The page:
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The Cycle Tour of Your Dreams

Where the mountains soar, you have the pavement to yourself, and the breezes are behind your back.

There are few things more joyous than finding a cycle route that is as scenic as it is easy. Easy, of course, being merely objective. Easy to me means floating on the asphalt without having to navigate traffic along graveled or missing road shoulders. It means hardly passing a car for hours on end, having an ascent grade that keeps the oxygen in your chest rather than making one gasp for air, yet having descents that allow you to coast and feel the wind in your hair.

Easy for me is when the hardest decision is deciding if I should pull over for another photo break, after already having a few dozen pit stops for that very reason.

In my search for the perfect cycle tour, I’ve ventured far. From the car free expanses between the largest cities in South Korea that bisects the country and takes you to places far from any tourist route to the craggy coastlines of Portugal where gazing at the horizon for too long might find you departing the sandstone edges and ending up in the Pacific. I’ve lugged all my possessions in the world with me as my partner lugged kayaks behind him when we cycled across BC twice finding out there are infinitely more mountain passes than one could ever dream of.

And then we’ve cycled in the Yukon, which has a bit of everything we’ve ever loved from every other trip.

Tagish Lake

It had car free expanses that stretch for more than half the journey, where nothing more than a handful of cars would pass us on the road in any given hour making the motor such a foreign sound that it would surprise us in an almost delight of something quaint.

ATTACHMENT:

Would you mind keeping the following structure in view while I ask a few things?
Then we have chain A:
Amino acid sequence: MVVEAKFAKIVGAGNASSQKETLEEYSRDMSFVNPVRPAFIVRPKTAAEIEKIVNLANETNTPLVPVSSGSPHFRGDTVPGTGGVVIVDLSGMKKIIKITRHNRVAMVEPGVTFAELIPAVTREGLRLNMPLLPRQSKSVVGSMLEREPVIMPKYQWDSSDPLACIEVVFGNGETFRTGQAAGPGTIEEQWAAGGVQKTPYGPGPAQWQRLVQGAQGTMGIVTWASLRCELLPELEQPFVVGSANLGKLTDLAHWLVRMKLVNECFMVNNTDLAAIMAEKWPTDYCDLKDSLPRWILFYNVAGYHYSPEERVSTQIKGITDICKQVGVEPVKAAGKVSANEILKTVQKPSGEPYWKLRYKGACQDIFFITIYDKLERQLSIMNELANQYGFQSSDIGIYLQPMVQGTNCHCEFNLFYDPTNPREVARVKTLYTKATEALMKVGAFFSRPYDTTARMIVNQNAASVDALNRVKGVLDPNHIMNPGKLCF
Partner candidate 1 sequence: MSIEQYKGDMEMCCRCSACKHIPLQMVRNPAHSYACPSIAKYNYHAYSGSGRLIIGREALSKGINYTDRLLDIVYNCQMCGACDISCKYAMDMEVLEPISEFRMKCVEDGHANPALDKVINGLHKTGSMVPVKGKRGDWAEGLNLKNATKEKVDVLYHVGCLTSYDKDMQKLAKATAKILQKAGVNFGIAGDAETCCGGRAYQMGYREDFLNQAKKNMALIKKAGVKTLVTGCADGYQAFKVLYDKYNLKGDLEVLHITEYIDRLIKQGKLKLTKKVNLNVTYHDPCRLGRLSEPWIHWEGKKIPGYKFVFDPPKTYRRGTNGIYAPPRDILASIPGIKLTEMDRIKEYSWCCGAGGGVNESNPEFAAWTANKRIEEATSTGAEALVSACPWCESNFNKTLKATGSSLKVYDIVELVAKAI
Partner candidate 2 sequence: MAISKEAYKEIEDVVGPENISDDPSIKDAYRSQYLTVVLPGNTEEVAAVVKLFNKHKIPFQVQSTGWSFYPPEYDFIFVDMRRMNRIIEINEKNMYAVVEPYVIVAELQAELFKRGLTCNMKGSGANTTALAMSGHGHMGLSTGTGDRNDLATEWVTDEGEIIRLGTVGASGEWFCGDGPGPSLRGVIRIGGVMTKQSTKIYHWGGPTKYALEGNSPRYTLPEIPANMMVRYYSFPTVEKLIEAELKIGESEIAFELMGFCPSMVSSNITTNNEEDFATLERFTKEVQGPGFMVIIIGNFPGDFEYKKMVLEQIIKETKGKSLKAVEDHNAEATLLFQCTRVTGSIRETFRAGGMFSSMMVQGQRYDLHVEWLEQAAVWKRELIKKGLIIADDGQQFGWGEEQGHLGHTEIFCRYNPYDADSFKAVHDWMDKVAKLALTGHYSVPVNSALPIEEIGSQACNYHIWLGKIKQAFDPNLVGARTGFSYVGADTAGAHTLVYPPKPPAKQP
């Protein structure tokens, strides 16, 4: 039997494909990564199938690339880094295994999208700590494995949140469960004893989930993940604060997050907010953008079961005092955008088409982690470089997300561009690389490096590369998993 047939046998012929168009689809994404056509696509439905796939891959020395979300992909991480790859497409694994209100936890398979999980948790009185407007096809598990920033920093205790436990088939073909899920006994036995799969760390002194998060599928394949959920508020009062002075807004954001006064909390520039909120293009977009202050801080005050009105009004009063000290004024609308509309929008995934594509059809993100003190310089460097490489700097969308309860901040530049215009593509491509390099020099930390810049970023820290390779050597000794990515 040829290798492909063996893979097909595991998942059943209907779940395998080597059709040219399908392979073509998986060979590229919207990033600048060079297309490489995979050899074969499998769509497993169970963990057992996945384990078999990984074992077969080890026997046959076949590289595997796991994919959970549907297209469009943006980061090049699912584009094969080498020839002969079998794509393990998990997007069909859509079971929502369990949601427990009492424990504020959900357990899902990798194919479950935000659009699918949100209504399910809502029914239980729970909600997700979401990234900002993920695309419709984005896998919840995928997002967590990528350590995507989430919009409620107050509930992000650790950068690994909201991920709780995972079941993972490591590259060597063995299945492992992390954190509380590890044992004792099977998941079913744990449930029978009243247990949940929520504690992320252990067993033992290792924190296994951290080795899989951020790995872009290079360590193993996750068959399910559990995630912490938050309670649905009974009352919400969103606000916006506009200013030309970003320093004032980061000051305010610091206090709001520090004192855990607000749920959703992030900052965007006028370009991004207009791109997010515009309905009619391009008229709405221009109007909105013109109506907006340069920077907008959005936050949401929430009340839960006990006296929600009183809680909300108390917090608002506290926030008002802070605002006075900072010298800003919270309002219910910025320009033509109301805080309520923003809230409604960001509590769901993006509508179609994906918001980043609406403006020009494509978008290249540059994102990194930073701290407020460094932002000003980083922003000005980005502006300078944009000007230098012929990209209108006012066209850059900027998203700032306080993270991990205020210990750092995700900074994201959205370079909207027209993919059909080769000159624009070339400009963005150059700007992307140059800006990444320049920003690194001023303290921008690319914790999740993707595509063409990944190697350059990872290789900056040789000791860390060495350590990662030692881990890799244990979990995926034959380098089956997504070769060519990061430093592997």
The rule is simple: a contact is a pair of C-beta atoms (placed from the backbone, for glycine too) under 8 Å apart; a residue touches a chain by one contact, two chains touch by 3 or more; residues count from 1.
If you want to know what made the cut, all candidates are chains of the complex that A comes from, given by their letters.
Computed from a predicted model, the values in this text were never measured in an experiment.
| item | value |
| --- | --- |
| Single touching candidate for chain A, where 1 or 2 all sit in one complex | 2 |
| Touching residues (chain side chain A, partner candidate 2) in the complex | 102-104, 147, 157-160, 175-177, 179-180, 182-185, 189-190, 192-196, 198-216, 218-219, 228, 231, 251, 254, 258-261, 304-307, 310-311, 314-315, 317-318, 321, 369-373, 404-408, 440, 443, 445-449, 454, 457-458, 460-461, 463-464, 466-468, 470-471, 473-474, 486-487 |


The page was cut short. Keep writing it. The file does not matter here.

It had viewpoint after viewpoint, mountains in every direction that reached as high as our neck could crane. Rushing creeks that turned to roadside waterfalls filling up lakes and rivers that seemed wild and untamed. Trees and grasses that danced in the wind and provided us a perfume of spruce tips and sage brush. The endless green backdrop gets interrupted with the burning red of fireweed in fall and a magenta coloured vetch that sprawls out in every direction along the roadside in June.

The route follows a classic climb over the coastal mountains, a range that acts like a barrier between Southeast Alaska and the Yukon. It was these formidable passes that the prospectors of 1898 had to navigate with their one tonne of goods in order to reach the goldfields of northern Yukon. In the days of Covid, hardly a soul travels these routes that connect a tiny Alaskan town with the Yukon’s capital city of less than 30,000. We passed three cars in three hours on Sunday, and probably half a dozen trucks for the whole day on a Monday. Hardly anything when you’re riding a main highway. A few years prior on the same route but opposite starting point, we were lucky if we broke 10 vehicles in a day at the start of our trip.

Detour to Kathleen Lake